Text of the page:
Data are presented from the 1999-2000 National Health and Nutrition Examination Survey (NHANES) on the distribution of blood mercury levels and association with fish consumption in a representative sample of young children and women of reproductive age. Household interviews, physical examinations, and blood mercury levels were performed on 705 children (56% response rate of selected participants) and 1709 (74% response rate). Blood mercury levels were 3-fold higher in women than children. The mean concentration of total blood mercury was 0.34 mcg/L in children and 1.02 mcg/L in women. In women who ate 3 or more servings of fish in the past 30 days, the levels were 4-fold higher than in those who ate no fish (1.94 vs 0.51 mcg/L; p<0.001). In children who ate fish, the levels were increased 2-fold (p<0.001). Shellfish consumption had little effect on blood mercury levels in children, but women showed increased levels. Approximately 8% of women had mercury concentrations of 5.8 mcg/L or higher, representing exposures greater than those considered safe. [1]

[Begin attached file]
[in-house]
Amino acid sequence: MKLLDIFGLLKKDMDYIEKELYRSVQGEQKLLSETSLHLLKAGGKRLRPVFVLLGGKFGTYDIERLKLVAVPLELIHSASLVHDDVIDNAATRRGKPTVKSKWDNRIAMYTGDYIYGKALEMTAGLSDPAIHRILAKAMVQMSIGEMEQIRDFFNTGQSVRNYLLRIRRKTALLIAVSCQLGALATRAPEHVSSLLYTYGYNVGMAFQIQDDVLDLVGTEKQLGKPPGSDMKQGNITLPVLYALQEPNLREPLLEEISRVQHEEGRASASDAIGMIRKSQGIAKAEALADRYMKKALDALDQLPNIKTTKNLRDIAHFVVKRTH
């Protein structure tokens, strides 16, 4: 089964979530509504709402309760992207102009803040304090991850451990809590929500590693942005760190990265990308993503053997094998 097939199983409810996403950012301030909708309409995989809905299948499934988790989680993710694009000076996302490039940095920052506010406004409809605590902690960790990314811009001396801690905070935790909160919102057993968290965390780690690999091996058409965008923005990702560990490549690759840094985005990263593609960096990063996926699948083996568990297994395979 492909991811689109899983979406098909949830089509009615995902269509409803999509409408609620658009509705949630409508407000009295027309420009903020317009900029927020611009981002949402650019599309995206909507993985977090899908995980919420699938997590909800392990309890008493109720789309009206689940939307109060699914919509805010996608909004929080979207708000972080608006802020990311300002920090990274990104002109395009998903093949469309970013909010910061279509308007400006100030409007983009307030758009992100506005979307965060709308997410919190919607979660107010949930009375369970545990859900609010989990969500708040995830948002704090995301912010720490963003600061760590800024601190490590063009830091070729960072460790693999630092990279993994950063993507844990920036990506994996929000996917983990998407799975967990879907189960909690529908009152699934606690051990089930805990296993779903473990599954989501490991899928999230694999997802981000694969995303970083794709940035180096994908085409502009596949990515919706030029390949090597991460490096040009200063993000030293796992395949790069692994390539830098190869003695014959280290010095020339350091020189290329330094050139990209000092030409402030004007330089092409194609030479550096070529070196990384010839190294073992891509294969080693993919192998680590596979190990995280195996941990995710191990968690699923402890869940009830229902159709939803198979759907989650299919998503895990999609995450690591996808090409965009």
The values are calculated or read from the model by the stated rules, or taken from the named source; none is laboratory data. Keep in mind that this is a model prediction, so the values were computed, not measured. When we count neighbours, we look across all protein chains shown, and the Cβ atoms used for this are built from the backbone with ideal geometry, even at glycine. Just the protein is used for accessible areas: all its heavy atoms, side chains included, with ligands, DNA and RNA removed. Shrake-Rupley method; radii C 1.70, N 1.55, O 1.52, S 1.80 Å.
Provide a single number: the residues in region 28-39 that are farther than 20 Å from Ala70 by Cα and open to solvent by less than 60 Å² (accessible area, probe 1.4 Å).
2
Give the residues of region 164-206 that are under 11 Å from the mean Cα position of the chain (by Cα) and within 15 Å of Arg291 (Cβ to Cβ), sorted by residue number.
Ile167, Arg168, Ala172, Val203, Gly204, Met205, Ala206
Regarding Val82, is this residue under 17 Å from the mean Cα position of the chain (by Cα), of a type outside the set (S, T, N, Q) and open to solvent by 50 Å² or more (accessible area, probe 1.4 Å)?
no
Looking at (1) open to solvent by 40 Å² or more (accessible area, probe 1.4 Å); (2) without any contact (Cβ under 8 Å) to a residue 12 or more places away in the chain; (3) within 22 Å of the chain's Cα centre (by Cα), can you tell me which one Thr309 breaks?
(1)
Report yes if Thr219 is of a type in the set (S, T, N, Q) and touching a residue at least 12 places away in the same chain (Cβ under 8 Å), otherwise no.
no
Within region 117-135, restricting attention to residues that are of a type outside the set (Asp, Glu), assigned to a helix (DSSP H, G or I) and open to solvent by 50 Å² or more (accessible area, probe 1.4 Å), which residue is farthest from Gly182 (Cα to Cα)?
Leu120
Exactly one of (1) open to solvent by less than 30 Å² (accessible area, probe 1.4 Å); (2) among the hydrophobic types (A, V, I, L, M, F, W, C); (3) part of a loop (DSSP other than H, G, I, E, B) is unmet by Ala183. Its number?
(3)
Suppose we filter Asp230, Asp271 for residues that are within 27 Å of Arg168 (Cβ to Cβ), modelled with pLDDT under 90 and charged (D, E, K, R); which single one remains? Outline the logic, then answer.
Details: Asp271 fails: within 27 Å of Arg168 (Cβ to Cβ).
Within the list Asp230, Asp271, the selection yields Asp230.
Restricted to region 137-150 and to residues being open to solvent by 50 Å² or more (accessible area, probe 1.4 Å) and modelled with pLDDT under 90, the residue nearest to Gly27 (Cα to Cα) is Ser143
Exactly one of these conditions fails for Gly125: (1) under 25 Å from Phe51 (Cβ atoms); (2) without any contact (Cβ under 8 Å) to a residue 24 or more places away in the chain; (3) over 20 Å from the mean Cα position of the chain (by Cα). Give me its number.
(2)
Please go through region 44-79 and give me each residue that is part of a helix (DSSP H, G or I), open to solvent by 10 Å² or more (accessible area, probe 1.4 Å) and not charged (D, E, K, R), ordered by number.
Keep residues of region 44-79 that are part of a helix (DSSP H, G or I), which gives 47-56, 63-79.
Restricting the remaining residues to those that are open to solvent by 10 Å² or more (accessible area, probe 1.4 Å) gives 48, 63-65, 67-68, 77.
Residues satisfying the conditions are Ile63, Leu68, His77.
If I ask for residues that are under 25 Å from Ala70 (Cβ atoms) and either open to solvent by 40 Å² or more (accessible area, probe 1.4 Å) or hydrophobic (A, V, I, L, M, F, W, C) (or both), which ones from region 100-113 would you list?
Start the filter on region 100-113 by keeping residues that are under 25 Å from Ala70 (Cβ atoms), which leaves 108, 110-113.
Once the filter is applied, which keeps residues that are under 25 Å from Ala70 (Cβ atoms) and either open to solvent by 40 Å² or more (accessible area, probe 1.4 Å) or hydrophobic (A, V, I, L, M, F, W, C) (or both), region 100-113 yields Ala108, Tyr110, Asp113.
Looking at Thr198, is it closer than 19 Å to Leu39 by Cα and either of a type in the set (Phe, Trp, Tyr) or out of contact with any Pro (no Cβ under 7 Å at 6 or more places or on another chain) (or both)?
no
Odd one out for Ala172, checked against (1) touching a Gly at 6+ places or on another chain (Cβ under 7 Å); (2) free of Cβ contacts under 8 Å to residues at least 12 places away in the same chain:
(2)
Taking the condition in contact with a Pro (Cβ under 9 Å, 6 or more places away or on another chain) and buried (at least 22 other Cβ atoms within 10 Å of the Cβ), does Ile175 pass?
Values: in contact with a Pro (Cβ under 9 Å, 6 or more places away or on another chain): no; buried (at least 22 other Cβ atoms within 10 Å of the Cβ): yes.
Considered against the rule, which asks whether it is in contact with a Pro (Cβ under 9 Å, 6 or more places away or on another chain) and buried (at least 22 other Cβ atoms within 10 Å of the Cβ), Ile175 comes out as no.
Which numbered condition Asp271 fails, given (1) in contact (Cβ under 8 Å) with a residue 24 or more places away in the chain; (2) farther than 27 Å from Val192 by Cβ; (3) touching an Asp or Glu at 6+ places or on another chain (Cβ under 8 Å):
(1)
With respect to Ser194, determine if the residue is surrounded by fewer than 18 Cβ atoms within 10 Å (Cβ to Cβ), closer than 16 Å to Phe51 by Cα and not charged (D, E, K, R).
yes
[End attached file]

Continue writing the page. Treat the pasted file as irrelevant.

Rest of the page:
COMMENT. Total blood mercury is indicative of methylmercury exposure in persons who consume fish and have no significant exposure to inorganic or elemental mercury. The persons in this study were considered unlikely to have been exposed to dental amalgams, thimerosol (ethyl mercury), or mercury preservatives. Urinary mercury is the preferred biomarker for low-level exposure to elemental and inorganic mercury. The American Heart Association recommends eating 2 servings of fish per week in adults. Most shellfish and some fish (haddock, tilapia, salmon, cod, and sole) are relatively low in methylmercury. See Progress in Pediatric Neurology III (PNB Publishers, 1997;pp515-516) for reference to long-term effects of methylmercury poisoning in a New Mexico family after consuming contaminated pork. At 22-year follow-up, 2 patients had cortical blindness, astereognosis, incoordination, ataxia, choreoathetosis, and attentional deficits. At autopsy, the brains showed cortical atrophy, neuronal loss and gliosis. Accidental exposure to mercury vapor is a hazard in nurseries with broken thermometers and in school science labs. Acrodynia (Pink disease) is a rare manifestation of mercury exposure in young children. Originally described in the 1950s, in infants who ingested calomel-containing teething powders, the last case I saw personally, in 1962, involved a 3-year-old boy from Canada who had inhaled mercury vapor caused by spilling mercury on a floor radiator in the home. Erythema of face, fingertips and toes, weakness of all extremities, hyperesthesia, and extreme irritability are the main manifestations of acrodynia.